Privatization Proposed for Micke Grove Zoo in San Joaquin County, CA

Zachary K. Johnson of the Record Staff reports:

It has been six years since Micke Grove Zoo lost its national accreditation and more than three years since work to remake the eastern end of the zoo came to a halt, leaving a large, dormant construction site…

And now a newly-invigorated nonprofit organization is hoping to breathe new life into the public zoo with a plan to privatize it, reclaim its lost accreditation and guide the San Joaquin County institution into a bigger future.

The Micke Grove Zoological Society – longtime supporters of the zoo and its programs – would like to one day take over operations. The group has hired a consultant (Terry Maple) who is an expert in zoo privatization.

The Micke Grove Zoological Society is rightly identifying a national trend towards public-private partnerships for amenities like zoos, which was recently highlighted here in Reason Foundation’s Annual Privation Report 2011. According to some estimates, as many as three-quarters of all U.S. zoos are now privately operated, including cities like Sacramento, Fresno, Atlanta, Chicago, Dallas, Denver, Houston and Seattle.

Issues at the Micke Grove Zoo in San Joaquin County, California are similar to those seen at many zoos across the country over the past few decades. In short, scarce taxpayer dollars have been directed towards high priorty services like law enforcement and education, while amenities such as zoos have been neglected. Johnson reports the Micke Grove Zoo lost its accreditation in 2006 due to its outdated facilities and lack of veterinary space.

Under the proposed partnership the private partner, the Micke Grove Zoological Society, would assume control of day-to-day operations and improve conditions for the animals in hopes of regaining the facility’s accreditation. Meanwhile the public partner, San Joaquin County, would retain ownership of the facility and retain oversite through the contract. Maple explains the plan saying, “This is going to be fun to take this zoo to the next level. It will be a smarter organization, a more flexible organization.”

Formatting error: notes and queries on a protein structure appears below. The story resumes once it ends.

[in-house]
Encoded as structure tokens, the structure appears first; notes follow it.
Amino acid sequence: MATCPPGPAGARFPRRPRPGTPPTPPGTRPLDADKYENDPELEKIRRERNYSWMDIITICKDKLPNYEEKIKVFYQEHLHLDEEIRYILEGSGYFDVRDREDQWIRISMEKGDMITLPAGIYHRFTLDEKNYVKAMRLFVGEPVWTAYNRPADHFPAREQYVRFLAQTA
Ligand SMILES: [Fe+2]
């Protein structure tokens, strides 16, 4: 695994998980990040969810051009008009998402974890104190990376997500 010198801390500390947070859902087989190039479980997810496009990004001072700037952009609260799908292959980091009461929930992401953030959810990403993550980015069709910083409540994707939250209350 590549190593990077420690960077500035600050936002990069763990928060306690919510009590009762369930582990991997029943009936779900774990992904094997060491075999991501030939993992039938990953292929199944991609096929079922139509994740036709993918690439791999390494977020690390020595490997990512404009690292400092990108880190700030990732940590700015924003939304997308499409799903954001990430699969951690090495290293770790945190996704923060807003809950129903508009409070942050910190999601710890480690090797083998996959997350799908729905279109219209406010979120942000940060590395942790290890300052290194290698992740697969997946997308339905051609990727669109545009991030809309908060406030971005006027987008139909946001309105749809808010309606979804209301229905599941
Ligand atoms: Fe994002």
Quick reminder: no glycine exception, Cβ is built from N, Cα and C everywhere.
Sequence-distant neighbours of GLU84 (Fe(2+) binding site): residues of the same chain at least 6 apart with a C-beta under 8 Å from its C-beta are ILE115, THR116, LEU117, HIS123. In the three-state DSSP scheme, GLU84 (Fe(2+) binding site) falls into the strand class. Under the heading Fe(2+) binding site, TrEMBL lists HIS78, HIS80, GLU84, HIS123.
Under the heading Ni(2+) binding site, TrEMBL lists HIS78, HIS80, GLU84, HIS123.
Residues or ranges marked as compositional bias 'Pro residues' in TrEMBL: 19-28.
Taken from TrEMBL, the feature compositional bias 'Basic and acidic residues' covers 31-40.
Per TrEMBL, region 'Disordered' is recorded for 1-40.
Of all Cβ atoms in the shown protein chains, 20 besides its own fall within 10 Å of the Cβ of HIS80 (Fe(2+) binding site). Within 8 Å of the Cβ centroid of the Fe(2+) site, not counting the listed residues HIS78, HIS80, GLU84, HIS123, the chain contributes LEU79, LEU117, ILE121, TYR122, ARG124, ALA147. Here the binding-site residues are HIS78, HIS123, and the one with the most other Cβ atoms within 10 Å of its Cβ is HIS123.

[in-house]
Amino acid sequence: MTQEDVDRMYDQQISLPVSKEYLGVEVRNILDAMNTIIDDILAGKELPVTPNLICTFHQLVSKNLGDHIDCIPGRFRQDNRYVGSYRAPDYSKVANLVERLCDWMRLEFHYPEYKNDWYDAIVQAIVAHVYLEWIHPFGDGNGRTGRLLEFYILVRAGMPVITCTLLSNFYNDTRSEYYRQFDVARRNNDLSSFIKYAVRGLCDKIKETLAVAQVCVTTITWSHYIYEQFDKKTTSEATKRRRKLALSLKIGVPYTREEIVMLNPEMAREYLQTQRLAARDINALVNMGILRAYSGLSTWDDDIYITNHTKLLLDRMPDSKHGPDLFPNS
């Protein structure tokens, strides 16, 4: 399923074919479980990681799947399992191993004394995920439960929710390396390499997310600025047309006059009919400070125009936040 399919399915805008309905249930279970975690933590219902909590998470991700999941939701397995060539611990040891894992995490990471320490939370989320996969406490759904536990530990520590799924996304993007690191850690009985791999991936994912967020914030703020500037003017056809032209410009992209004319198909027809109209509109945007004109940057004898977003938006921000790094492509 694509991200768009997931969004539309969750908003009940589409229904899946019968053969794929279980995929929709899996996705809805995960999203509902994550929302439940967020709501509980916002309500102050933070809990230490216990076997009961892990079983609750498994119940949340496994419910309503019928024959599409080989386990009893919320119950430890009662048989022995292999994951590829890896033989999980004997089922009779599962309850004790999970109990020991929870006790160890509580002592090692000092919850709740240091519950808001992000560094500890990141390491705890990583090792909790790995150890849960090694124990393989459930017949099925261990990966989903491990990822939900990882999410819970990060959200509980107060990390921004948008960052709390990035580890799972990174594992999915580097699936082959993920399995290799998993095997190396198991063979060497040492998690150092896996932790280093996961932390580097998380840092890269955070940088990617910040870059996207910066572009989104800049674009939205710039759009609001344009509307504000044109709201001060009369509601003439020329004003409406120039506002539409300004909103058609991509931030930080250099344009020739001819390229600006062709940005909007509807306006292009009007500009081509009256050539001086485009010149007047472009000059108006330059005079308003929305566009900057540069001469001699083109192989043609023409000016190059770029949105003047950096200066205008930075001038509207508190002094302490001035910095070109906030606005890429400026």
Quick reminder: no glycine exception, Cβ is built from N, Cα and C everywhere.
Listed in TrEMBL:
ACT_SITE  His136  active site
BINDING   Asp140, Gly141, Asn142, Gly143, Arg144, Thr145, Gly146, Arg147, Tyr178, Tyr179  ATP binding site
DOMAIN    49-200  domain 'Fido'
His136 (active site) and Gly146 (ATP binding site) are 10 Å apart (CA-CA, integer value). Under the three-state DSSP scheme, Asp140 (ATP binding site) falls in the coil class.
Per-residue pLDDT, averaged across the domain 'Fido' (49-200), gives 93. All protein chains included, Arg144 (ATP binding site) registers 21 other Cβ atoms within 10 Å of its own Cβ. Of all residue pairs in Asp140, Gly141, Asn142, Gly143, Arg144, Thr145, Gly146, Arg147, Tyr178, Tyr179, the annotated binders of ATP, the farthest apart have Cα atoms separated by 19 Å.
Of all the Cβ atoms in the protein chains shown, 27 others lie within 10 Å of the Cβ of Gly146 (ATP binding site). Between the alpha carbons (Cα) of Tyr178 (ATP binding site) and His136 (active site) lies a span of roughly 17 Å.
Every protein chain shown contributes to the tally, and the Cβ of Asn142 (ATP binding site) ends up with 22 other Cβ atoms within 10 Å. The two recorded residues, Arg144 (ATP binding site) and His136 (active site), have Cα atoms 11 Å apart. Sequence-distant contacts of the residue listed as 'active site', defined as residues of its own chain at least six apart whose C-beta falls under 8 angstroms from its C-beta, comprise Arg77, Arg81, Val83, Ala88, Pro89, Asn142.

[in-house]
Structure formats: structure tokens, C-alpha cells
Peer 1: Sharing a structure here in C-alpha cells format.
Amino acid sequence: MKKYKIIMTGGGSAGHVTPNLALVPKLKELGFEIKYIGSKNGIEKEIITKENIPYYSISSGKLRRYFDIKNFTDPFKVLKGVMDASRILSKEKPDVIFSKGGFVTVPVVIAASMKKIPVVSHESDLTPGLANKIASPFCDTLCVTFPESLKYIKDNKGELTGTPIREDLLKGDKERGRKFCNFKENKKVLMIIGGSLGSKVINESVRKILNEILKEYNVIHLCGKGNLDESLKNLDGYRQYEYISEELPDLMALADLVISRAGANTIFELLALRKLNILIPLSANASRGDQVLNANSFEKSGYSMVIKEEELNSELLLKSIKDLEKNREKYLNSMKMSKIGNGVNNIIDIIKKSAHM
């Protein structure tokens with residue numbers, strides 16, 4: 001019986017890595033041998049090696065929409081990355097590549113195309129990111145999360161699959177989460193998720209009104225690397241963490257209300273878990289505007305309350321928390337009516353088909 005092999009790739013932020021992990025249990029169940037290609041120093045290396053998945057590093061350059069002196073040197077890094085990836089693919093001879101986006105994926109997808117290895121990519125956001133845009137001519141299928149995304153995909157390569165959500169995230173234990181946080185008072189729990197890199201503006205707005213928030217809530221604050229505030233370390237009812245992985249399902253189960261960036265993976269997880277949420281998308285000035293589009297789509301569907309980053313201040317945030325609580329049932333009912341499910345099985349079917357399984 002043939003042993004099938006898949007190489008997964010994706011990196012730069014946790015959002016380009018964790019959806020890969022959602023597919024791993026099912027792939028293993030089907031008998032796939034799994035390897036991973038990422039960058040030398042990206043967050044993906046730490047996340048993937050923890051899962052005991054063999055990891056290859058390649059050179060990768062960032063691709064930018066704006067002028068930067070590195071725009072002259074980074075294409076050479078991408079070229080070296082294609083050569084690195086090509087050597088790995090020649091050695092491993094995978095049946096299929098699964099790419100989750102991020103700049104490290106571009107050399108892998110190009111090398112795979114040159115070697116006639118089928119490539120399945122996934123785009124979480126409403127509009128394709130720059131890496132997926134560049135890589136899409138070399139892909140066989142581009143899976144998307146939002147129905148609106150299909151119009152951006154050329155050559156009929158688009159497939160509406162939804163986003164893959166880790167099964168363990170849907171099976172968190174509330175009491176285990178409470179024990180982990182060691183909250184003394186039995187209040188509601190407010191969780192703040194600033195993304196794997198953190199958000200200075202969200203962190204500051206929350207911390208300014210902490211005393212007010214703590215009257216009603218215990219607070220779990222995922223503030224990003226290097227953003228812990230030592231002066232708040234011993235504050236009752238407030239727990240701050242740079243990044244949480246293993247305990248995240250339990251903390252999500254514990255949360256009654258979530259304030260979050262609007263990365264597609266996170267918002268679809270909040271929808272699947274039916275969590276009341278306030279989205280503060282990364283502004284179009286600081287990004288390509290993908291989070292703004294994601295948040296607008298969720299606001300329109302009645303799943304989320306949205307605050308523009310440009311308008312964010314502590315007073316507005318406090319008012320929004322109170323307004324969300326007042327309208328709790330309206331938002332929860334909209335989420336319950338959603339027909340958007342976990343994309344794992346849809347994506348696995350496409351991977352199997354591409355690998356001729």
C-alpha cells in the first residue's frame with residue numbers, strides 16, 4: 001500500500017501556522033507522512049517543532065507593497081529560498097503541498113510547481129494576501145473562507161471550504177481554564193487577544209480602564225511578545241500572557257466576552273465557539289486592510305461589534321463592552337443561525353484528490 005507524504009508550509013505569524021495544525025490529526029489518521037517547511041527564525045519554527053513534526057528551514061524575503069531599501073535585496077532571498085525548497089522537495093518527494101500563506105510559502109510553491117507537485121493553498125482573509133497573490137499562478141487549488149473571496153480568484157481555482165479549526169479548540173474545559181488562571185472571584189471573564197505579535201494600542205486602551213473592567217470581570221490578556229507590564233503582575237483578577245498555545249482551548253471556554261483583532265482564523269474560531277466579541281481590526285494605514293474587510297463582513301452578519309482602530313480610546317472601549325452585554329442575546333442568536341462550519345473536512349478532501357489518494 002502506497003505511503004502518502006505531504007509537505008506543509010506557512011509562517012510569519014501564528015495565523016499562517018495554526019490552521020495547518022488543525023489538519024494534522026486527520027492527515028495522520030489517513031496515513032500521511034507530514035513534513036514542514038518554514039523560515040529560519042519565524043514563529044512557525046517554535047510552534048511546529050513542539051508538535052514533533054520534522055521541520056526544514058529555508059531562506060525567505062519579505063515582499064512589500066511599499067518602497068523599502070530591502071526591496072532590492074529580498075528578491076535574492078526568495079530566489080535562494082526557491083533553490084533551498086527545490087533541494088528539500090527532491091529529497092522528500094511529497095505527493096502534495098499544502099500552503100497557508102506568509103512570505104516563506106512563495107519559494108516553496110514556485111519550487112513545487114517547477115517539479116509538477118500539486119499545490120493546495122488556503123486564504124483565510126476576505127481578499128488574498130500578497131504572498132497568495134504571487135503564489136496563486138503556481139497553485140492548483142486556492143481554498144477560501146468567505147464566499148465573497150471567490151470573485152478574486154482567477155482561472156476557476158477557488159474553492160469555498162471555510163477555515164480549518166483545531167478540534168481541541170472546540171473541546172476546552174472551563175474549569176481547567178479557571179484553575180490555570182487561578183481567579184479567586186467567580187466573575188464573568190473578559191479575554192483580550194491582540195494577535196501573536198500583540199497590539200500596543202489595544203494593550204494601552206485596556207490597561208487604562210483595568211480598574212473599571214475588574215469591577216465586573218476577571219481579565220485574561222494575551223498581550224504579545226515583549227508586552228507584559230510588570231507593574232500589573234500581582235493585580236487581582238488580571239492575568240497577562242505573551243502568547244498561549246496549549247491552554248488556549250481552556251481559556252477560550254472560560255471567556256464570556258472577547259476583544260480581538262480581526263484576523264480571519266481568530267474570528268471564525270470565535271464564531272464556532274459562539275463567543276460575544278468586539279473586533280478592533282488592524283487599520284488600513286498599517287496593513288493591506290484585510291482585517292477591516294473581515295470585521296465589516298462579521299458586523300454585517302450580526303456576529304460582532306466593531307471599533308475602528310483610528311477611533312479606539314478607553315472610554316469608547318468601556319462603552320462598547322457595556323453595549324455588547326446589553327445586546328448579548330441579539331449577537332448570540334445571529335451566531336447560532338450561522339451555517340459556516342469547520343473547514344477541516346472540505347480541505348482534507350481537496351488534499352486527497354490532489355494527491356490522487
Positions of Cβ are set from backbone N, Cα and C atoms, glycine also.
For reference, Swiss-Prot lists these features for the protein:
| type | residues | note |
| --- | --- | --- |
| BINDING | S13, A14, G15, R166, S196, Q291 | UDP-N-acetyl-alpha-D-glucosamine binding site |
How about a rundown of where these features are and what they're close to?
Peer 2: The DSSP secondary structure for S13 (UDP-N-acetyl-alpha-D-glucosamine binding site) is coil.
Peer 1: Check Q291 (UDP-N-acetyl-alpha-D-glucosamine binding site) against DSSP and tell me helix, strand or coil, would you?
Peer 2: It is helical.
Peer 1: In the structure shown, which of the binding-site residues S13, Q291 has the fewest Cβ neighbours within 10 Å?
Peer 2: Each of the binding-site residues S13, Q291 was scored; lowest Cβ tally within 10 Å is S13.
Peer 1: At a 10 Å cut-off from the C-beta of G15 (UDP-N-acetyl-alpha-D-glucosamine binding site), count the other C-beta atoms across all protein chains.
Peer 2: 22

For more on zoo partnerships, see the following extract from Annual Privatization Report 2011 entitled, “Privately Operated Zoos Now Considered the Standard.”

Harris Kenny is a state and local government policy analyst at Reason Foundation, a non-profit think tank advancing free minds and free markets.

Harris has worked alongside policymakers in Colorado, Texas, Florida, North Carolina, Arizona, Oregon and elsewhere to implement public policy solutions. Harris is currently serving as a member of the Local Authority Working Group of Colorado Governor John Hickenlooper's Amendment 64 Task Force, which is providing guidance on implementing recreational marijuana legalization. He conducts research on public finance, public-private partnerships, privatization, public safety, criminal justice and regulatory policy issues.

Harris has appeared on various television and radio outlets, such as National Public Radio, HuffPost Live, Al Jazeera, Voice of Russia and Colorado Public Television. His writing has been published in The Wall Street Journal, The Denver Post, The Sacramento Bee, The Orange County Register, Real Clear Markets,, and other print and online outlets. He also serves as co-editor of Reason Foundation's Annual Privatization Report ( and Innovators in Action ( publications.

Prior to joining Reason Foundation, Harris worked at the Los Angeles Economic Development Corporation. He earned a BA in Economics from Pepperdine University, where he worked as a research assistant to Dr. Luisa Blanco at Pepperdine University's School of Public Policy.

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